Once the Shore
Paul Yoon, . . Sarabande, $15.95 (270pp) ISBN 978-1-932511-70-3
Yoon's collection of eight richly textured stories explore the themes of family, lost love, silence, alienation and the effects of the Japanese occupation and the Korean War on the poor communities of a small South Korean island. In the namesake story, a lonely young waiter connects with an American widow who has come to find the cave where her husband claimed to have carved their initials during his tour of duty in Korea. The narrator shifts between Jim coping with the loss of his big brother, a fisherman killed by a surfacing American submarine, and the sorrow of the widow. In “Among the Wreckage,” aging parents Bey and Soni hope to recover the body of their son, Karo, killed in a U.S. military bombing test on what was thought to be a deserted island. The sad journey provides Bey an opportunity to examine his inability to show affection to his wife and only child. Yoon's stories are introspective and tender while also painting with bold strokes the details of the lives of the invisible.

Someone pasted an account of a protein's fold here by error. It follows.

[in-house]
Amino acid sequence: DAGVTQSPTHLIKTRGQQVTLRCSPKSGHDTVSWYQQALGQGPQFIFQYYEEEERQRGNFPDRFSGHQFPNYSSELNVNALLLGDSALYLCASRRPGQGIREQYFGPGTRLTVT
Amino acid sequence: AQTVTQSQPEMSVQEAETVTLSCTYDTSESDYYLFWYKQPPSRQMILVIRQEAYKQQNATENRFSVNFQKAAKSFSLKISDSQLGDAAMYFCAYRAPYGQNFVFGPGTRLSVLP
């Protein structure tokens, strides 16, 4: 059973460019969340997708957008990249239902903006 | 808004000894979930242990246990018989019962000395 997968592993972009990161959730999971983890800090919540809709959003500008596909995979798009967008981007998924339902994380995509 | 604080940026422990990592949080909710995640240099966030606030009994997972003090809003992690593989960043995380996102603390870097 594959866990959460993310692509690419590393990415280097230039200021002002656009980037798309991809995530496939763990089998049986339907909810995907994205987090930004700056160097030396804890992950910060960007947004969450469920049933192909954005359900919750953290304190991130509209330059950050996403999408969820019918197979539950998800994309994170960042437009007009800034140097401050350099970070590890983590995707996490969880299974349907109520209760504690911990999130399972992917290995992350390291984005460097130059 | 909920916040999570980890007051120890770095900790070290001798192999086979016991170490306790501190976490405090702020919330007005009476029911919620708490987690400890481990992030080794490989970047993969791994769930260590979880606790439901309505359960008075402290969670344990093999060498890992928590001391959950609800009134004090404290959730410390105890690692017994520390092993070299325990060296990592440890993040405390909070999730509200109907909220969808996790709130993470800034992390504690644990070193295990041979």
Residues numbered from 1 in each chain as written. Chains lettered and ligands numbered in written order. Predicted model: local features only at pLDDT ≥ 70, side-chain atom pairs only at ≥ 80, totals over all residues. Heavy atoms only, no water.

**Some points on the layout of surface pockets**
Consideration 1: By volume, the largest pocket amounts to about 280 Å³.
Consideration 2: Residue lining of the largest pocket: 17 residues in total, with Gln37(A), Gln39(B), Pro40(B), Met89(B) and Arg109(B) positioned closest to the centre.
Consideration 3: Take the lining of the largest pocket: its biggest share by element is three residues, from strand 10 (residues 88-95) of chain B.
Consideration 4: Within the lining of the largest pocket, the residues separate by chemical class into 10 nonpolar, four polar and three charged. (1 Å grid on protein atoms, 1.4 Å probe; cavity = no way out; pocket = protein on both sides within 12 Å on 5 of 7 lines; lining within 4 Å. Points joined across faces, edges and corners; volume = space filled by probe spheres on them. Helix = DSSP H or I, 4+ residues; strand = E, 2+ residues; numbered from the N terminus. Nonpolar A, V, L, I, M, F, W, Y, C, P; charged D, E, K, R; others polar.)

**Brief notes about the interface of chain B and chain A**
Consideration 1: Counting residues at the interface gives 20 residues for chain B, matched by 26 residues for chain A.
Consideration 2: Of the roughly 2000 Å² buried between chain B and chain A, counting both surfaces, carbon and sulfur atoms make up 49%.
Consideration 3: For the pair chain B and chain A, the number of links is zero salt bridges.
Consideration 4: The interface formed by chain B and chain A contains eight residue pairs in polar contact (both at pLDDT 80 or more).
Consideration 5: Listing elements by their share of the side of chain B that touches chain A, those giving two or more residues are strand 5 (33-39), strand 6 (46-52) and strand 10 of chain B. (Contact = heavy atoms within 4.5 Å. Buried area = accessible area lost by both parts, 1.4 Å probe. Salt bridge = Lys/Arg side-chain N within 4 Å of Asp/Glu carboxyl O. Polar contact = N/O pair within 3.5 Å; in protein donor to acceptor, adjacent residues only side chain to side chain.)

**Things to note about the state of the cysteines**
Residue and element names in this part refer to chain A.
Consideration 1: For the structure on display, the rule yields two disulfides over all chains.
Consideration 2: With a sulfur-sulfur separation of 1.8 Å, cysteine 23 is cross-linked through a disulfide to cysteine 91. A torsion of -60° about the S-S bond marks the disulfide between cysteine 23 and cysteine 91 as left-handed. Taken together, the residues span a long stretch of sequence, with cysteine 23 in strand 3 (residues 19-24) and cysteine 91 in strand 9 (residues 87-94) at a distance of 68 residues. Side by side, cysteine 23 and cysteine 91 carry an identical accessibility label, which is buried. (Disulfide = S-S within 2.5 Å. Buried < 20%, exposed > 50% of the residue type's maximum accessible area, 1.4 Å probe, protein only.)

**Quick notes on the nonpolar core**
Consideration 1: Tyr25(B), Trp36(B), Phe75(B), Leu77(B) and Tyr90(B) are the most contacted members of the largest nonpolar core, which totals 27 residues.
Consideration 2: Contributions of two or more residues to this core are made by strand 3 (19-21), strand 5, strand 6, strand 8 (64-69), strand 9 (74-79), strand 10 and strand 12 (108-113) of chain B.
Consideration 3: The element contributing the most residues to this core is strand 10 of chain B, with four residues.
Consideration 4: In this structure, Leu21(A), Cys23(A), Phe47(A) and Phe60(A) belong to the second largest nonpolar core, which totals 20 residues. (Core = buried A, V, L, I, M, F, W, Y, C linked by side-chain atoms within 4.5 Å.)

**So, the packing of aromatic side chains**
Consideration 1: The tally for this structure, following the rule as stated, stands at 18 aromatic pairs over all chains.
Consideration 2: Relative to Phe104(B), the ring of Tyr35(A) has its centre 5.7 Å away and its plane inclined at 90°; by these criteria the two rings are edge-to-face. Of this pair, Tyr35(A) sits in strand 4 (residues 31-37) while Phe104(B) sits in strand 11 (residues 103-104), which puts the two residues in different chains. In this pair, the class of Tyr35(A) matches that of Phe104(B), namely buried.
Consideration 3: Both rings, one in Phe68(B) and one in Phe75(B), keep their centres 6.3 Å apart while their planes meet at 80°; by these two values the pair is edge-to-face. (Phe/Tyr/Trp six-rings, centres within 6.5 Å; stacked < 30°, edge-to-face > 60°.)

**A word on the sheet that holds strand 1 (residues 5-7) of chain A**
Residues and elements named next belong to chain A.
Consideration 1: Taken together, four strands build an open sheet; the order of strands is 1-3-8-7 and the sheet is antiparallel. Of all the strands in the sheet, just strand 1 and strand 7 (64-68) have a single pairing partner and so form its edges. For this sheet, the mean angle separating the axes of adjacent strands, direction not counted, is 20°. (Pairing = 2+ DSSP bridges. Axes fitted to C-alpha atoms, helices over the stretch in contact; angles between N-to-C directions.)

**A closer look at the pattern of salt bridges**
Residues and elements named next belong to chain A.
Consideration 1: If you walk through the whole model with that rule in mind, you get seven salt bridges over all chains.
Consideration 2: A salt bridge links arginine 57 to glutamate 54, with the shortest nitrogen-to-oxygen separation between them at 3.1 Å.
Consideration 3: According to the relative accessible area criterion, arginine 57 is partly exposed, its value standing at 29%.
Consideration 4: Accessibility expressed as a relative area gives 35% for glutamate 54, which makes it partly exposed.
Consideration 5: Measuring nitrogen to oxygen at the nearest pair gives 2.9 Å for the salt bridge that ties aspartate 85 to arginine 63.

Reviewed on: 02/02/2009